Your Guide to the Ethereum Roadmap for 2024

With its smart contract capabilities, Ethereum has created a thriving ecosystem. The platform is the hub for most decentralized applications. It supports a large sector of decentralized financial services, hosting tens of billions of dollars.
Since its inception in 2015, Ethereum has experienced significant growth, garnering the backing of individuals, communities, and businesses worldwide. 

However, the network still has room for improvement to gain widespread acceptance. To become more accessible, cost-effective, and robust enough to be embraced by the masses, Ethereum must overcome several obstacles. The Ethereum roadmap is designed to outline these challenges and how the network can overcome them.

Looking towards the future, we consider Ethereum's challenges and how its planned upgrades will benefit mass adoption. This will help us better understand what's in store for the world's second-largest blockchain.

What Is the Ethereum roadmap for?

In contrast to Ethereum's success as a global coordination platform, the network experiences slow transaction speeds and high fees during high congestion.
Achieving mainstream adoption for Ethereum is hindered by its biggest roadblock: scalability. If Ethereum were to reach close to mainstream adoption in its present state, it would be unreasonably slow and expensive. Scalability in blockchain refers to the network's ability to accommodate many more users while functioning well. This is a crucial consideration for blockchain technology to succeed.

Regarding Ethereum's scalability challenges, it's important to note the concept of the blockchain trilemma. The term was coined by Vitalik Buterin, Ethereum's co-founder, and refers to the idea that a blockchain has three essential elements: decentralization, scalability, and security. Unfortunately, you can only optimize for two of them. You can have a highly secure and fully decentralized blockchain, but it won't be scalable.
To balance decentralization, scalability, and security, Ethereum must remain adaptable and tackle its challenges. Additionally, cryptocurrency's ever-evolving and innovative nature requires Ethereum to integrate new features, assets, and applications as they emerge.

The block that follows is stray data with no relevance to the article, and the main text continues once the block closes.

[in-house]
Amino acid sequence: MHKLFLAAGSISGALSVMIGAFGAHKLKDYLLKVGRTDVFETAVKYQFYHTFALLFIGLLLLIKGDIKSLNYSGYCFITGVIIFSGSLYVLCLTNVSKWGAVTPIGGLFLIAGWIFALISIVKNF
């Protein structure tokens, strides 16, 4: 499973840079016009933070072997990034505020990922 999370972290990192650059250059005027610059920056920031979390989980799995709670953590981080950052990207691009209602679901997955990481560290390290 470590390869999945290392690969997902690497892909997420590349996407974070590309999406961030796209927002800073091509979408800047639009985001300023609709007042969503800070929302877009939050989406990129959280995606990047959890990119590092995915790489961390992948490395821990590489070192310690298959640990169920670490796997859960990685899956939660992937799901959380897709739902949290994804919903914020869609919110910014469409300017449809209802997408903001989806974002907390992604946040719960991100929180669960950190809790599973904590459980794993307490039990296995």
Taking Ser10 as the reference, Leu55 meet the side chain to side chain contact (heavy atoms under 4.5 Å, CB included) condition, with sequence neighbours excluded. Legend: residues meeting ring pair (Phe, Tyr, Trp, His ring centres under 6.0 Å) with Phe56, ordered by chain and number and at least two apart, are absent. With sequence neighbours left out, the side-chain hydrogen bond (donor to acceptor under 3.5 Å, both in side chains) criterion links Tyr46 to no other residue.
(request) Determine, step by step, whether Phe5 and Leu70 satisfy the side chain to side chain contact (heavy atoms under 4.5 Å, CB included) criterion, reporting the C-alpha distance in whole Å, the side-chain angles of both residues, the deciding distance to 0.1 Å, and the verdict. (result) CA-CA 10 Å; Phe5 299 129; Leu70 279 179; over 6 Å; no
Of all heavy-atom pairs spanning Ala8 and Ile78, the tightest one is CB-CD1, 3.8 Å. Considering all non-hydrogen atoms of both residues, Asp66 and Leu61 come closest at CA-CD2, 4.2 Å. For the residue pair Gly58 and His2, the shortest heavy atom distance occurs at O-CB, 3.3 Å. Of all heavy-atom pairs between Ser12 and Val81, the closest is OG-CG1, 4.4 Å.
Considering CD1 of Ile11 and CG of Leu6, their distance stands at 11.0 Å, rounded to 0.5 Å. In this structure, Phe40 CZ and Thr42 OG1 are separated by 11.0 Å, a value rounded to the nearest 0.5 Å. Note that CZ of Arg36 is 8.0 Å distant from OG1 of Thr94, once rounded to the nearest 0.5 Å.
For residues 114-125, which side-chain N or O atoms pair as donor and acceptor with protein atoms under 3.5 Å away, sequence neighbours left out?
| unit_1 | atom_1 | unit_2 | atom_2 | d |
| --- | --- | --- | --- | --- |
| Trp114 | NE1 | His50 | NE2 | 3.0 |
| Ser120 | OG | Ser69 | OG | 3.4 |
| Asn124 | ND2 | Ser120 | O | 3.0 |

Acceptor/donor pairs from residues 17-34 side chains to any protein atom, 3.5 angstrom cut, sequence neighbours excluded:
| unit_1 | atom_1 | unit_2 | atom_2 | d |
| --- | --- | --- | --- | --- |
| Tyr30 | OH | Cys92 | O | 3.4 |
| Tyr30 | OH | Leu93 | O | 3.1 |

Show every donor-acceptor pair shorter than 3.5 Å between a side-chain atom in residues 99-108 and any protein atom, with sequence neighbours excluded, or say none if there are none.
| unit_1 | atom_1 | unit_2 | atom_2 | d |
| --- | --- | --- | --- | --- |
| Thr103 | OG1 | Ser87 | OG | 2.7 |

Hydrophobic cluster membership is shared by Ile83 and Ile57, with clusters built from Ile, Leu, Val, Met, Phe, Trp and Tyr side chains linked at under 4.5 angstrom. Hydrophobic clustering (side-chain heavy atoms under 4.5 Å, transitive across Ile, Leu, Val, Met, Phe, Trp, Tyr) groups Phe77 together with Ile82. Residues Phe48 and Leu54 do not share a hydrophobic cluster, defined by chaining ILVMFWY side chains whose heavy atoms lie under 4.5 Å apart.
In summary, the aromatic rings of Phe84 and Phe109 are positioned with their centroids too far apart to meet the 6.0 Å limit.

A roadmap was created to track all the necessary upgrades to ensure the Ethereum network is cost-effective, user-friendly, secure, and sustainable. This roadmap consists of a comprehensive list of specific modifications that must be made.

How are Ethereum's upgrades decided on?

One of the key features of Ethereum is its decentralized and open-source nature, which means that no single entity has control over it. The roadmap for upgrades usually comes from Ethereum researchers and developers, but anyone can propose suggestions to enhance the protocol. 

Anyone interested can suggest changes to Ethereum by creating an Ethereum Improvement Proposal (EIP), which details the technical specifics of the proposed changes. These proposals are then reviewed, debated, and potentially implemented by the community of Ethereum developers and researchers. It's worth mentioning that EIPs usually stem from discussions on major Ethereum forums or the EthR&D Discord and then develop into concrete ideas for enhancements.

It's important to note that the roadmap is subject to change. As new information, ideas, and technologies become available, the points on the roadmap may evolve.

Previously, the roadmap aimed to scale the network through sharding. This method involves splitting up the blockchain so subsets of validators handle only a portion of the total data. However, the roadmap has changed, and danksharding now integrates 'blobs' of data into Ethereum blocks, replacing the earlier proposed sharding approach.

What changes are coming to Ethereum?

The Ethereum roadmap includes several planned upgrades to address this scalability issues.

One solution to make Ethereum transactions cheaper and faster is Danksharding, which involves using Layer 2 solutions such as blockchain rollups. Danksharding allows the Ethereum network to process bundled transactions from layer two rollups without permanently storing all their data.

Single-slot finality (SSF)
It currently takes approximately 15 minutes for an Ethereum block to finalize. The introduction of single-slot finality (SSF) aims to make the block validation process more efficient. With the SSF mechanism, blocks can be proposed and finalized in the same slot, considerably reducing the time required to finalize a block.

Verkle trees
Verkle trees combine "Vector commitment" and "Merkle Trees." They function as a data structure that upgrades nodes and enables stateless clients for Ethereum. Stateless clients, made possible by Verkle Trees, aid in scalability by requiring only a tiny amount of storage space to verify new blocks.